Last month’s large-scale stat revamp changed the game from the top to bottom, and now that the dust has settled somewhat, the team said that it is “thrilled” with the response to the changes. It also laid out the plans for what it will be doing in the game short, medium and long term, such as nerfing low-level mobs, updating the game’s gear and progression systems, and providing other avenues for players to earn skill points.
In a tantalizing teaser, the letter also showed a picture of what looks like a faster skill point adjustment UI that gives players the ability to respec much easier than before.
Massively OP’s Eliot recently concluded a tour of duty in DCUO and was pretty disappointed in what he discovered.
Derek Smart’s MMO Line of Defense has a progress update this week covering the state of the game’s build. A new patch is on the way, and it’s fairly light, according to the post, being focused on the “underlying tech.” But that’s partly by design.
“Progress has been somewhat slow due to various factors including team and tech related challenges, as well as scheduling,” Smart says. “In addition to this, due to resources, scheduling, and dev costs, I also made the final decision to complete the PC version of the game using the existing custom engine in order to avoid any long term delays and complications.”
This means Line of Defense will be ported to UE4 by a secondary team. “In the end, we’re going to end up with two engine versions of the game, one for the PC, and the other for consoles,” he tells early access backers. “But due to the similarities between our Havok based custom engine, and UE4, there are currently no concerns related to parity in the game’s features. If anything, most of the noticeable differences will be in visuals, due to the vastly superior graphics of the UE4 engine.”
Saying that the development team has drifted away from the high level of transparency that it originally demonstrated, Chronicles of Elyria’s project lead vowed that the studio would become a lot more transparent with the MMORPG’s construction going forward.
This statement set the stage of a massive state of the game post in which the team looked at the past, present, and future of the title. There’s a lot to absorb in regards to current projects, including the clothing system, mounted animations, and the sheer variety of body types, but curious readers might skip past all of that to see what’s coming up.
The article contains a three-year development roadmap leading from now through its late 2019 release, with the caveat that things change, delays happen, and you know the drill. For the rest of 2017, getting the third iteration of the website and ElyriaMUD running is top priority. Then in 2018 a lot starts to happen: alpha testing, server selection, settlement selection, and Kingdoms of Elyria. Finally, 2019 will transition the project into beta testing and launch.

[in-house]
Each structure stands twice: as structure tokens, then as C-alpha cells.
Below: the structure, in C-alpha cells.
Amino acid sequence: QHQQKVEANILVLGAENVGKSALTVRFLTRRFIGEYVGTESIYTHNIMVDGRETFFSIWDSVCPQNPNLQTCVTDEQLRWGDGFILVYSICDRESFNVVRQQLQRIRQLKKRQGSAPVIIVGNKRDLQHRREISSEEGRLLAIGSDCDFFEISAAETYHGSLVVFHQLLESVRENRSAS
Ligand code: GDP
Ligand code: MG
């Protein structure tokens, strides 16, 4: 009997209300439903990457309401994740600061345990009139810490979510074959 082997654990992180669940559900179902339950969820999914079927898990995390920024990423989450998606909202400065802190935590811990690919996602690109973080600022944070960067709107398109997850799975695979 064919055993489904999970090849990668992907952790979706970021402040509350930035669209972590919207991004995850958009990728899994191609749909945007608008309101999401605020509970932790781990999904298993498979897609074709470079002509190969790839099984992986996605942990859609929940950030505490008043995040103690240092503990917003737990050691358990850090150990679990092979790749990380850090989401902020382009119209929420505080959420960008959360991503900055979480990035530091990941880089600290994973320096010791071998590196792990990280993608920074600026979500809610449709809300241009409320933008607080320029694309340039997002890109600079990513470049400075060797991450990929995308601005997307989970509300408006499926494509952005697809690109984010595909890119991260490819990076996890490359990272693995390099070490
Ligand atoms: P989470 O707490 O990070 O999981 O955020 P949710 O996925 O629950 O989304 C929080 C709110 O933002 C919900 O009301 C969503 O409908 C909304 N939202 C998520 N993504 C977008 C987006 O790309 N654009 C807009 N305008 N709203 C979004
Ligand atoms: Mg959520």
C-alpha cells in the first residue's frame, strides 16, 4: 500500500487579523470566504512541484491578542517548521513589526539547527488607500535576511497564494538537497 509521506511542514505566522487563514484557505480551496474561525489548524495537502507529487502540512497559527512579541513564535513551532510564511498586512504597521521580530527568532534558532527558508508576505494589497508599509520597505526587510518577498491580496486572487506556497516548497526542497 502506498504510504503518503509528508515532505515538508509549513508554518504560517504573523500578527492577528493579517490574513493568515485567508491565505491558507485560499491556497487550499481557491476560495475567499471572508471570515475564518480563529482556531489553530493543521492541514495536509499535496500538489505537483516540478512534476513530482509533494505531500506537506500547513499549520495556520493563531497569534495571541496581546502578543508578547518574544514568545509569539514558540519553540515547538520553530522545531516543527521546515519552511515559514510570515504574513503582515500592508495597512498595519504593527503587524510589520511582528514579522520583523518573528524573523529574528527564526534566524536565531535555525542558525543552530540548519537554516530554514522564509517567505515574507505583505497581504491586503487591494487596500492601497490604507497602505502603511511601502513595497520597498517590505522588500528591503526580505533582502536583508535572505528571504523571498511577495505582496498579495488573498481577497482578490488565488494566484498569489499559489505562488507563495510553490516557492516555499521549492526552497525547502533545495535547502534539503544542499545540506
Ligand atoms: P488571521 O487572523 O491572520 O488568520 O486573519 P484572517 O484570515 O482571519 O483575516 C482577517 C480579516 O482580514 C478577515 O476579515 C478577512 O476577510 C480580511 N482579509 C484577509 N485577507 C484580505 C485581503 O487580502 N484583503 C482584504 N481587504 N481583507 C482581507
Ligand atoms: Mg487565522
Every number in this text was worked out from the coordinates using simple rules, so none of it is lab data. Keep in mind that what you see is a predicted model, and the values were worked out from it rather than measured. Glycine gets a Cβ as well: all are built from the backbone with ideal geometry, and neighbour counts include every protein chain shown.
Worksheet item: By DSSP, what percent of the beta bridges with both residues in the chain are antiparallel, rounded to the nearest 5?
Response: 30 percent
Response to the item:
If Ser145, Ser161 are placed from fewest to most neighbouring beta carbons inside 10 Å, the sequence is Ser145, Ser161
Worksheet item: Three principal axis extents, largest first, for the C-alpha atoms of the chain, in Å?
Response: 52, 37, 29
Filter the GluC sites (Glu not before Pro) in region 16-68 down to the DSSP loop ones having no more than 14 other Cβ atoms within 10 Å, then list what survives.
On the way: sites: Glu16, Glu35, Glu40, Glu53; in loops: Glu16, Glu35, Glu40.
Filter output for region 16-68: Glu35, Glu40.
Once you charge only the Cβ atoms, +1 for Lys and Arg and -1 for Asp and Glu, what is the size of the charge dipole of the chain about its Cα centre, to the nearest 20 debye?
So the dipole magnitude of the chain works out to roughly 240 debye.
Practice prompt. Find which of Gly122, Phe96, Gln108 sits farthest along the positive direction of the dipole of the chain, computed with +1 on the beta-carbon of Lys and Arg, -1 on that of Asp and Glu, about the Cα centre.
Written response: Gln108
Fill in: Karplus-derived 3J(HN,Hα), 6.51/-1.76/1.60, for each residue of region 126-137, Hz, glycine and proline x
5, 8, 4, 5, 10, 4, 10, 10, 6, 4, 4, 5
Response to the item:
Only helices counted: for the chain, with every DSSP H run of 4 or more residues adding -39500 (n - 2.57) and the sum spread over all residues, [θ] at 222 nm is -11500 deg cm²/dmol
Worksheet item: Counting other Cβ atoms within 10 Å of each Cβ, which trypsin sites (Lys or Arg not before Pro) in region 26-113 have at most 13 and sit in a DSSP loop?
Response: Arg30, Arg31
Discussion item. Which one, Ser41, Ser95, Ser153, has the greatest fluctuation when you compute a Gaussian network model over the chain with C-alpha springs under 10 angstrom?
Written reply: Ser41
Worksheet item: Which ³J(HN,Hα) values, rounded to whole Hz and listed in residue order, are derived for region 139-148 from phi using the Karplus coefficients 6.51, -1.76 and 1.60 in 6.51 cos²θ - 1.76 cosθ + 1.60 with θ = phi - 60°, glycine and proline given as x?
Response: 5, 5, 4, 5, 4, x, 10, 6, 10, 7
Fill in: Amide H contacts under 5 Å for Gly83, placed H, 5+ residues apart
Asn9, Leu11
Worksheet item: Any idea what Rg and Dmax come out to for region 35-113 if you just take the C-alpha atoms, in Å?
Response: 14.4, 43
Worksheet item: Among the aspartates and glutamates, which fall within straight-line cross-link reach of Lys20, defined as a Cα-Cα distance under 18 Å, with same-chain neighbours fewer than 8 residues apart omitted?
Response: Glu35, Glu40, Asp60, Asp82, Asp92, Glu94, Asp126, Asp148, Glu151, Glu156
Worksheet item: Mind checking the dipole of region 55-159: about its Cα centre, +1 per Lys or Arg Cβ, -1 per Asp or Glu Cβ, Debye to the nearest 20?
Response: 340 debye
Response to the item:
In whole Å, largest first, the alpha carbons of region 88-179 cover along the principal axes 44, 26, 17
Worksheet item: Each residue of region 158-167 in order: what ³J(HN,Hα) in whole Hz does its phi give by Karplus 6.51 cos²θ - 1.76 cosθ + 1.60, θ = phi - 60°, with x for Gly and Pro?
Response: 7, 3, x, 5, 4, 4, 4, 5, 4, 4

A couple of weeks ago, when Osiris: New Dawn introduced new classes, I’d delved back into the sci-fi survival sandbox after a bit of a break to check out the state of development in. I was pleased as I perused the new skill tree, doubly so when I saw all the new items that could be crafted. Once I got to the task of actually surviving, I found that that beginning experience had also changed a fair share, from crash landing farther away to new missions to direct you. True, I missed my little robot companion and my inflatable dome, but overall I was pretty impressed with the progress and started a penning this Survivalist to say so.
So imagine my surprise when just before completing my thoughts I read the dev blog about negativity toward the game and its changes. Here I was happy to see how far it had come and others were ripping it absolutely to shreds. Fenix Fire CEO Brian McRae was so affected by the negative reviews and complaints that he penned a response addressing the issues. I admit, when I started reading I was taken aback and even a tad annoyed at the negative Nancys bashing the game. Didn’t folks appreciate the fact that this early access with forging ahead at a decent pace? Sure there would be bumps, but that was a part of actual development.
While progress on Chronicles of Elyria has slowed a little this summer due to illnesses and vacations, the team has a lot to report in this week’s blog update.
One interesting tidbit from the post concerns the game’s tribal lineup, as the team has “skeletal data” in place that allows for the creation of a full dozen races. But could there be more if the species get a-mingling? It looks like there could be, as devs are discussing cross-breeding as part of the offspring system.